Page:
How Retailers Inadvertently Contribute to Hoarding
- April 23, 2020
- CBR - Marketing
The COVID-19 pandemic brought out people’s hoarding instinct. Since social distancing and sheltering in place became the norm, stores have been sold out of toilet paper, hand sanitizer, and food staples as Americans worried about potential shortages buy ahead—and thereby create actual shortages.
Governments often worry that shortages will lead to price gouging. In fact, big retailers fear being accused of unfairly hiking prices, but their delay in increasing prices in response to demand spikes may actually contribute to hoarding, according to Imperial College London’s Christopher Hansman, Columbia’s Harrison Hong, University College London’s Aureo de Paula, and New York University’s Vishal Singh.
Humans have probably always engaged in hoarding, the researchers argue, but the role of modern marketplaces has been poorly understood, they write. To help rectify this, they studied consumer behavior in the United States during a 300 percent surge in global rice prices in 2008.
One of the challenges in studying hoarding has been a lack of granular, store-shelf-level data. Hansman, Hong, de Paula, and Singh mined the Nielsen Datasets at Chicago Booth’s Kilts Center for Marketing, drawing on a panel of more than 100,000 households that used handheld scanners to record every grocery-store purchase. The researchers extracted a sample covering 9,000 stores for 2007–09, with 1.1 million monthly observations of 42,000 households. This provided a window into US consumers’ behavior during the global rice crisis.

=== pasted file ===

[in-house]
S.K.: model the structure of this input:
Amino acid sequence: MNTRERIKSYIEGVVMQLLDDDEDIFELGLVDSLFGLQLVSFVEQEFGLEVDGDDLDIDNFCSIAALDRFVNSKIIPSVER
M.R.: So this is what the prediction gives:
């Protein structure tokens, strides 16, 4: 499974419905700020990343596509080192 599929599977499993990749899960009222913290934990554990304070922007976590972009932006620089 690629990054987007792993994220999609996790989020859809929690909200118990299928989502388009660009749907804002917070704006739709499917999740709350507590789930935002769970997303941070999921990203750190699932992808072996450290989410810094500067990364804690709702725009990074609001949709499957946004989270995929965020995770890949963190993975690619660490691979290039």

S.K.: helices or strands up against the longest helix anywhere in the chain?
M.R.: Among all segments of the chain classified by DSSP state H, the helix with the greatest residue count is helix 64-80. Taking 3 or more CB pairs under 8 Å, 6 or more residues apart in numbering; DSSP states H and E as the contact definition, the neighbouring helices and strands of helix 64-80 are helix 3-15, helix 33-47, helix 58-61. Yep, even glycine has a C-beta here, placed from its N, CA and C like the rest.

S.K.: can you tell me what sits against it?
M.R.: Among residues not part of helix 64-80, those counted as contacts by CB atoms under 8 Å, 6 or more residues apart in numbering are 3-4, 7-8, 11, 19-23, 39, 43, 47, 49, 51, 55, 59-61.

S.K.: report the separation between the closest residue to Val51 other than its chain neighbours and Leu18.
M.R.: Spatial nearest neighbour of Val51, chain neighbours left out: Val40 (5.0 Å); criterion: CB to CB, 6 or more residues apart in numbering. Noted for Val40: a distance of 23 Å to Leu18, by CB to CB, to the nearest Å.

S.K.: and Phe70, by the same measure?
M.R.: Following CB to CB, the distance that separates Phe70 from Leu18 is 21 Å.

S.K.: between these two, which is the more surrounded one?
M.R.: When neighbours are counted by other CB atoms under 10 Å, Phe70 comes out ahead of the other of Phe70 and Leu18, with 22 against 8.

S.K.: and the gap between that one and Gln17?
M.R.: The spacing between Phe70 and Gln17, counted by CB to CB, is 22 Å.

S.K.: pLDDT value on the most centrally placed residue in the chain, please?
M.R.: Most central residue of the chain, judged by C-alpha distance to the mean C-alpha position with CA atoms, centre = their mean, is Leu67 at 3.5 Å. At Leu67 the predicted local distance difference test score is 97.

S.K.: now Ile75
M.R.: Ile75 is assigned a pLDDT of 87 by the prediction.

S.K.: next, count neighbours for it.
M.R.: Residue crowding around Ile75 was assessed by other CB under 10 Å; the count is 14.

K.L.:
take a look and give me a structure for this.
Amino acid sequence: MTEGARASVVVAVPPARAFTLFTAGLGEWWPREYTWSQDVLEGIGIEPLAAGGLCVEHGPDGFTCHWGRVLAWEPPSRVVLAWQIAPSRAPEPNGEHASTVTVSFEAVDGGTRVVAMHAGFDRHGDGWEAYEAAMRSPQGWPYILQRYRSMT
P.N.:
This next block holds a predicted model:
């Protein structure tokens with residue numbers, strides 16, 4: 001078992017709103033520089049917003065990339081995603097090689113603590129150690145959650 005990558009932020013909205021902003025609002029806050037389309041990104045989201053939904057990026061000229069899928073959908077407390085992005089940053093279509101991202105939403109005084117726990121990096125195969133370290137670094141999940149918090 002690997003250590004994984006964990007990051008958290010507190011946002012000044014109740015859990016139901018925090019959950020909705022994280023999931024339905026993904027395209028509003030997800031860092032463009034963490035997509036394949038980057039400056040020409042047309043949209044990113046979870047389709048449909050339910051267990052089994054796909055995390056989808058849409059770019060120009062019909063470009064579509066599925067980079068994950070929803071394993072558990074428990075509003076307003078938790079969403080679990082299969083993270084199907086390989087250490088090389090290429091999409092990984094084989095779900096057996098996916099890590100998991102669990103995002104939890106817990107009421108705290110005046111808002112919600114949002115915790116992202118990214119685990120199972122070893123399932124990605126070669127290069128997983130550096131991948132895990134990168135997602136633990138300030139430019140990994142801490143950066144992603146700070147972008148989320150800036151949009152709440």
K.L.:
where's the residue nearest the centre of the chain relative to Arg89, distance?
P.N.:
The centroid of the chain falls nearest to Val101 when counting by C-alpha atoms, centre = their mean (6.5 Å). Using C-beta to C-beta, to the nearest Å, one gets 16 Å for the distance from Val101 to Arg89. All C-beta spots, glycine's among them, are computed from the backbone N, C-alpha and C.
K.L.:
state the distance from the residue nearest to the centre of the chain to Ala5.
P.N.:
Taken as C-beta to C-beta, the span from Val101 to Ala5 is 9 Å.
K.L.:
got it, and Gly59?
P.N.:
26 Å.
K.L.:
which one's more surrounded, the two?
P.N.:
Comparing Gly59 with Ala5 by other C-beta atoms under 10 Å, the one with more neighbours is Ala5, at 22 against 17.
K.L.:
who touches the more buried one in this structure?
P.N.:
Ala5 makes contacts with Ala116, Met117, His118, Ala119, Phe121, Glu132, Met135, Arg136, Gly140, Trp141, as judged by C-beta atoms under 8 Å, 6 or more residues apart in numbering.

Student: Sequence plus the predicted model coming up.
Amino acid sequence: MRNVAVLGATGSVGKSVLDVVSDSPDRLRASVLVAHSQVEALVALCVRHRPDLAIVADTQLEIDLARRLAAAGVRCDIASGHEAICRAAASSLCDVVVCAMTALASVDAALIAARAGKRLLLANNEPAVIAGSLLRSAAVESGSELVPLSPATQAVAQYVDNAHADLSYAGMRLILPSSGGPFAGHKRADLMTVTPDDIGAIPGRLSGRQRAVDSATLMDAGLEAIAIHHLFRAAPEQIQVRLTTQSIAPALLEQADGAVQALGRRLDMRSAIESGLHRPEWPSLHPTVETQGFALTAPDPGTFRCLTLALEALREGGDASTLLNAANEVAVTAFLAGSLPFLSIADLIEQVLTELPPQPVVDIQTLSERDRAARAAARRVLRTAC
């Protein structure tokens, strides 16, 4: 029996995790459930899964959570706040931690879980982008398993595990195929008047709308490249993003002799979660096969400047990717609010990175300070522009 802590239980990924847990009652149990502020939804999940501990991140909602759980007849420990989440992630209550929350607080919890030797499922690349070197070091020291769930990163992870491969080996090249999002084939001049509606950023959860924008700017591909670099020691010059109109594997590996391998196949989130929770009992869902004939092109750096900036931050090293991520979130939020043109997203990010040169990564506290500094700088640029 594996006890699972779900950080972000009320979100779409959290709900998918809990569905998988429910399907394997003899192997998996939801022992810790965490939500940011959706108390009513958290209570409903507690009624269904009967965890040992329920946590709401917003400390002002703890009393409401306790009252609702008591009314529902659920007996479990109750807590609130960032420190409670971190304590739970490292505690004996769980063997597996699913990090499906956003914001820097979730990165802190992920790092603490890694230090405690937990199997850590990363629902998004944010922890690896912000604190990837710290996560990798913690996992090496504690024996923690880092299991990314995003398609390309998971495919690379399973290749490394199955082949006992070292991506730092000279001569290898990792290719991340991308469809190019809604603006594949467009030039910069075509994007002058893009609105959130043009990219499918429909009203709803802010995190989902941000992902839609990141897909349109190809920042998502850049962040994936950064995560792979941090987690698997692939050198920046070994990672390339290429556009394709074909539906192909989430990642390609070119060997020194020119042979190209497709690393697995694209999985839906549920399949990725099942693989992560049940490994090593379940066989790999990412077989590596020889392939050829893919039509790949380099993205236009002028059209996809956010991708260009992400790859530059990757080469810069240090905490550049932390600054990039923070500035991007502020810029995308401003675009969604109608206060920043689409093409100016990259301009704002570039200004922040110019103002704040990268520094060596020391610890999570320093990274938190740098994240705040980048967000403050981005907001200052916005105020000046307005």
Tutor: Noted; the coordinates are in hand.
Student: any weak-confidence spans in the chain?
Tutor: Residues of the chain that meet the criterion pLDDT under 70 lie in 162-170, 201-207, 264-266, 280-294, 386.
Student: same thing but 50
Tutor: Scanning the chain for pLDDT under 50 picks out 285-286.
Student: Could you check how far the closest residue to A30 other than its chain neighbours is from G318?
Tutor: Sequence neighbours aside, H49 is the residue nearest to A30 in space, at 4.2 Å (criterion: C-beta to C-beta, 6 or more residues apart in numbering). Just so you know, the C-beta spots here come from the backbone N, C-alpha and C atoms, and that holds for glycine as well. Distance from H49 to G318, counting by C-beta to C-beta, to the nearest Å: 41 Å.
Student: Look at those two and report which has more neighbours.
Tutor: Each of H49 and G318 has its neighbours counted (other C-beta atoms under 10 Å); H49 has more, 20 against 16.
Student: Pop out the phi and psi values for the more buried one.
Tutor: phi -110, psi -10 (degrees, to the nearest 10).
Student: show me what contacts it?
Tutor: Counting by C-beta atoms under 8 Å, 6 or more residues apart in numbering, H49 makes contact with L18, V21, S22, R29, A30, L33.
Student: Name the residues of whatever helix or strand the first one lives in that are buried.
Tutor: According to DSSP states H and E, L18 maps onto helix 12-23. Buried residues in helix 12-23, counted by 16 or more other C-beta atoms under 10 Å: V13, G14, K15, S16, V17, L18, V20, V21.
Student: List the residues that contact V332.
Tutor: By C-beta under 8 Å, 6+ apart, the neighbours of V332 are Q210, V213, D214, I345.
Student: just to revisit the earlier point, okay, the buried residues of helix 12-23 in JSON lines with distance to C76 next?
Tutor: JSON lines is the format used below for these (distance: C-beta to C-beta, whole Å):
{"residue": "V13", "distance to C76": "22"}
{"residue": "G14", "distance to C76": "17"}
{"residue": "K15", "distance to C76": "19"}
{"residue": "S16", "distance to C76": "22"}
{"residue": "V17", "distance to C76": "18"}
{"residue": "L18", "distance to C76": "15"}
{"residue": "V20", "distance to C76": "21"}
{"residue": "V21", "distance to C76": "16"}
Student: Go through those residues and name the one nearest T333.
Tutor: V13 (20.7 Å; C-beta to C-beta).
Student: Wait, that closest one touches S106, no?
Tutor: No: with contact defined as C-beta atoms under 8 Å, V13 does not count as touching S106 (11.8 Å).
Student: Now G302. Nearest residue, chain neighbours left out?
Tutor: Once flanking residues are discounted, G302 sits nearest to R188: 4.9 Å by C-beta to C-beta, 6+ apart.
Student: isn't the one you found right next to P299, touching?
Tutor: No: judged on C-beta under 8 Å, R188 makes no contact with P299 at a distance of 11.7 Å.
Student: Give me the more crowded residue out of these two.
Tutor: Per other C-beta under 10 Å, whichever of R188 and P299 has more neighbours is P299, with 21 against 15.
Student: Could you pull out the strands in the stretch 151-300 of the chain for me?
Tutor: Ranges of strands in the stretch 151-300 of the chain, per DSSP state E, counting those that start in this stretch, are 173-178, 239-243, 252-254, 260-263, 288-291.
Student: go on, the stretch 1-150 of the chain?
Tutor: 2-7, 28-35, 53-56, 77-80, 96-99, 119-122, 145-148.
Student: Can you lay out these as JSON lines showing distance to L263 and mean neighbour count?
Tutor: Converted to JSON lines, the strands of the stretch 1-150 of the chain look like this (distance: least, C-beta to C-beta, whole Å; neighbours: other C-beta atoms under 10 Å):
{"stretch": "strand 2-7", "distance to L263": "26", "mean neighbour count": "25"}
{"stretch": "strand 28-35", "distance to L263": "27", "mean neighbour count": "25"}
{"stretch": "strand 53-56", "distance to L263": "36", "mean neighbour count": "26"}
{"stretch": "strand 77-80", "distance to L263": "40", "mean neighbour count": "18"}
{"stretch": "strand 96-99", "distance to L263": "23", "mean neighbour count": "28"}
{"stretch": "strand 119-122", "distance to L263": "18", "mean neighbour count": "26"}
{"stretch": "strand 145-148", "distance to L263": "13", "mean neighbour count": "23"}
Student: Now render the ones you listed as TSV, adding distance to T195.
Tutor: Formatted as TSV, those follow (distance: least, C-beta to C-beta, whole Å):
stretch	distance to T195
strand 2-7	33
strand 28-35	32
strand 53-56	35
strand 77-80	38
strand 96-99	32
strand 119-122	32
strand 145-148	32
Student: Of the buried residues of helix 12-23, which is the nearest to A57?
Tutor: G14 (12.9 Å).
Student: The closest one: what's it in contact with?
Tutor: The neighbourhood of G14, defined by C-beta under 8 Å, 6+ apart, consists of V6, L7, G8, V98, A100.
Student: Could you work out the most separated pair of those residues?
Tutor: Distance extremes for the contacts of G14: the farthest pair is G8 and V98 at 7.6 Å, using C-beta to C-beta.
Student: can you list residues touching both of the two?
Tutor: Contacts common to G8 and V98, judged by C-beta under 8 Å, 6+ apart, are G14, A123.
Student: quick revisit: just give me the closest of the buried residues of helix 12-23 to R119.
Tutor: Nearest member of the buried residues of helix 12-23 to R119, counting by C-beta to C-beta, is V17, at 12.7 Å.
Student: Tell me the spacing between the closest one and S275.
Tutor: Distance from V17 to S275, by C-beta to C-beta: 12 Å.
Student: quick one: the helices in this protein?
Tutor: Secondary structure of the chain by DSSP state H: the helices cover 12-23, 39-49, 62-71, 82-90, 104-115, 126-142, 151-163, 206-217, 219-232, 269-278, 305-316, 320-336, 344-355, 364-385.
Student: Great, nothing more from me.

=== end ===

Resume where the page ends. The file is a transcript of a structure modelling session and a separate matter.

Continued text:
The crisis started with India’s politically motivated 2007 ban on rice exports, and continued until Japan agreed to release rice reserves to the world market in mid-2008. Amid media reports of hoarding and surging international prices, American consumers went on a rice-hoarding binge between mid-April and mid-May 2008, increasing purchases by 40 percent just as international wholesale prices peaked, the researchers find.
Store-level prices didn’t budge until much later, according to the study. This is consistent with extensive research documenting the “sticky prices” phenomenon in a modern national market dominated by giant retailing chains. After the hoarding period, store-level rice prices eventually climbed 23 percent, consistent with where wholesale costs finally settled on the global market, the data indicate. This effectively gave consumers a 23 percent discount, which the researchers calculate accounted for roughly half of the hoarding observed in the study.
By estimating household rice consumption and stockpiling, the researchers find that a handful of households may have tried to buy enough rice that they could resell it at a profit. But the vast majority of hoarding appeared to be for households’ own use.
There are two policy implications, the researchers write. First, governments needn’t particularly concern themselves with trying to regulate or crack down on price gouging by mainstream retailers. They observe that media reporting on COVID-19 hoarding and shortages suggests that attempts at profiteering mostly involve a small sample of opportunistic online resellers.
Secondly, what should concern policy makers is the finding that wealthier people bought more, while relatively low-income or otherwise vulnerable groups did less hoarding even as prices stayed flat, most likely because they lacked the resources, the researchers write. Consequently, controlling prices to prevent gouging won’t help people in these groups to retain access to necessities in hoarding episodes.
“Policies that ensure protected groups retain access to staples—as, for example, some grocery stores have done for the elderly during the COVID-19 pandemic—should be considered within the regulatory toolkit,” the researchers write.
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